Kenya Nun Jailed for Protecting Students From Suspect Vaccinations

by Bradley Eli, M.Div., Ma.Th.  •  •  May 24, 2016   

Local bishops show two previous vaccines were laced with sterilizing agents

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NAKURU, Kenya ( - A Catholic nun in Kenya is being arrested for sheltering Catholic students from vaccinations that may cause sterilization.

Sister Cecilia Kamau, headmistress of St. Anthony Academy in Nakuru Kenya, was arrested Monday for refusing to allow 700 students to receive a measles-rubella vaccination shot. Public health officials arrested her following complaints from parents that their children at five Catholic-sponsored schools were not allowed to receive the shots. The nun is being arraigned in court today facing charges of endangering lives of children under her care.

Sister Cecilia's suspicions regarding the potential health hazards involving vaccination shots is not without precedent. In March of last year, reported how Kenya bishops have been warning the people that these vaccines are causing sterilization in Kenya as they did in Mexico, Nicaragua and the Philippines.

A joint committee of medical experts, secular and Catholic, found the sterilizing antigen Beta HCG in 33 percent of the Tetanus vaccines used in that immunization campaign.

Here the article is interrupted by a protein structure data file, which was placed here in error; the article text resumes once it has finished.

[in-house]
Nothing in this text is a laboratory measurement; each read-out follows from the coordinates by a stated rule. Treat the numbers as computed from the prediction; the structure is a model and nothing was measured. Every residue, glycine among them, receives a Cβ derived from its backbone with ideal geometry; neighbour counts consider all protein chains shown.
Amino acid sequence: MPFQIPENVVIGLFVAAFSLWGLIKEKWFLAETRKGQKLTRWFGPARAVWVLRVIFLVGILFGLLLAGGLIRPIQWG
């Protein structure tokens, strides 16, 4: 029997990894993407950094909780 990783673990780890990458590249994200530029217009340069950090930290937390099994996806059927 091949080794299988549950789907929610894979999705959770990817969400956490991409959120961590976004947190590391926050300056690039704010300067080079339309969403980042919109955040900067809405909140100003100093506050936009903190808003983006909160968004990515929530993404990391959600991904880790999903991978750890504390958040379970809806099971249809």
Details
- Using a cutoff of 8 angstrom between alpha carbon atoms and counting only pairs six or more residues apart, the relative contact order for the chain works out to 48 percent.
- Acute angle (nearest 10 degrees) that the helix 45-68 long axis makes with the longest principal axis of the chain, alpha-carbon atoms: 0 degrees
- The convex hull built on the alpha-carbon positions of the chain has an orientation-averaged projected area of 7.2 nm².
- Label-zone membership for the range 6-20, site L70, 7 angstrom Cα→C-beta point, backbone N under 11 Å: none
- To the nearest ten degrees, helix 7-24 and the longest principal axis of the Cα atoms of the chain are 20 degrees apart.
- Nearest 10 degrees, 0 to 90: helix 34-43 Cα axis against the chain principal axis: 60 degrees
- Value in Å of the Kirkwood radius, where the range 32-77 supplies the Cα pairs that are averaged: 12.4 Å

In July last year, reported that the Kenyan bishops were urging people to boycott the next vaccine campaign targeting malaria. They did not trust the Western agencies sponsoring the immunization drive, namely UNICEF and the World Health Organization (WHO).

Following the Tetanus immunization campaign, which were shown to contain sterilization agents in one third of the samples acquired from the Tetanus program, the Kenya Conference of Catholic Bishops (KCCB) agreed with Kenya's Ministry of Health that all future vaccines would be tested before, during and after their execution. But starting with the Malaria campaign, the Ministry of Health reneged on this promise and moved ahead with the new vaccination program without allowing independent testing.

This action prompted the bishop of Nairobi, Cdl. John Njue, to declare, "We are not fighting anybody, we are only trying to prevent our people from suffering from external causes."

Likewise, KCCB chairman Bp. Philip Anyolo stated, "We are not in conflict with the Ministry of Health, but we have an apostolic and moral duty to ensure Kenyans are getting safe vaccines." reported in September how an independent study called for by Kenya's bishops revealed that another immunization program, this time involving the polio vaccine, contained estradiol, a major component in hormonal contraceptives. The outspoken bishops were then threatened with a lawsuit to silence them.

Kenya's Ministry of Health last Monday launched this new immunization campaign for Measles and Rubella with the intention of targeting 19 million children between the ages of nine and 14 years. Over the weekend Health officials tweeted, "By Saturday, we had vaccinated 16,456, 219 children against #MeaslesRubella, translating to 86 percent national coverage."


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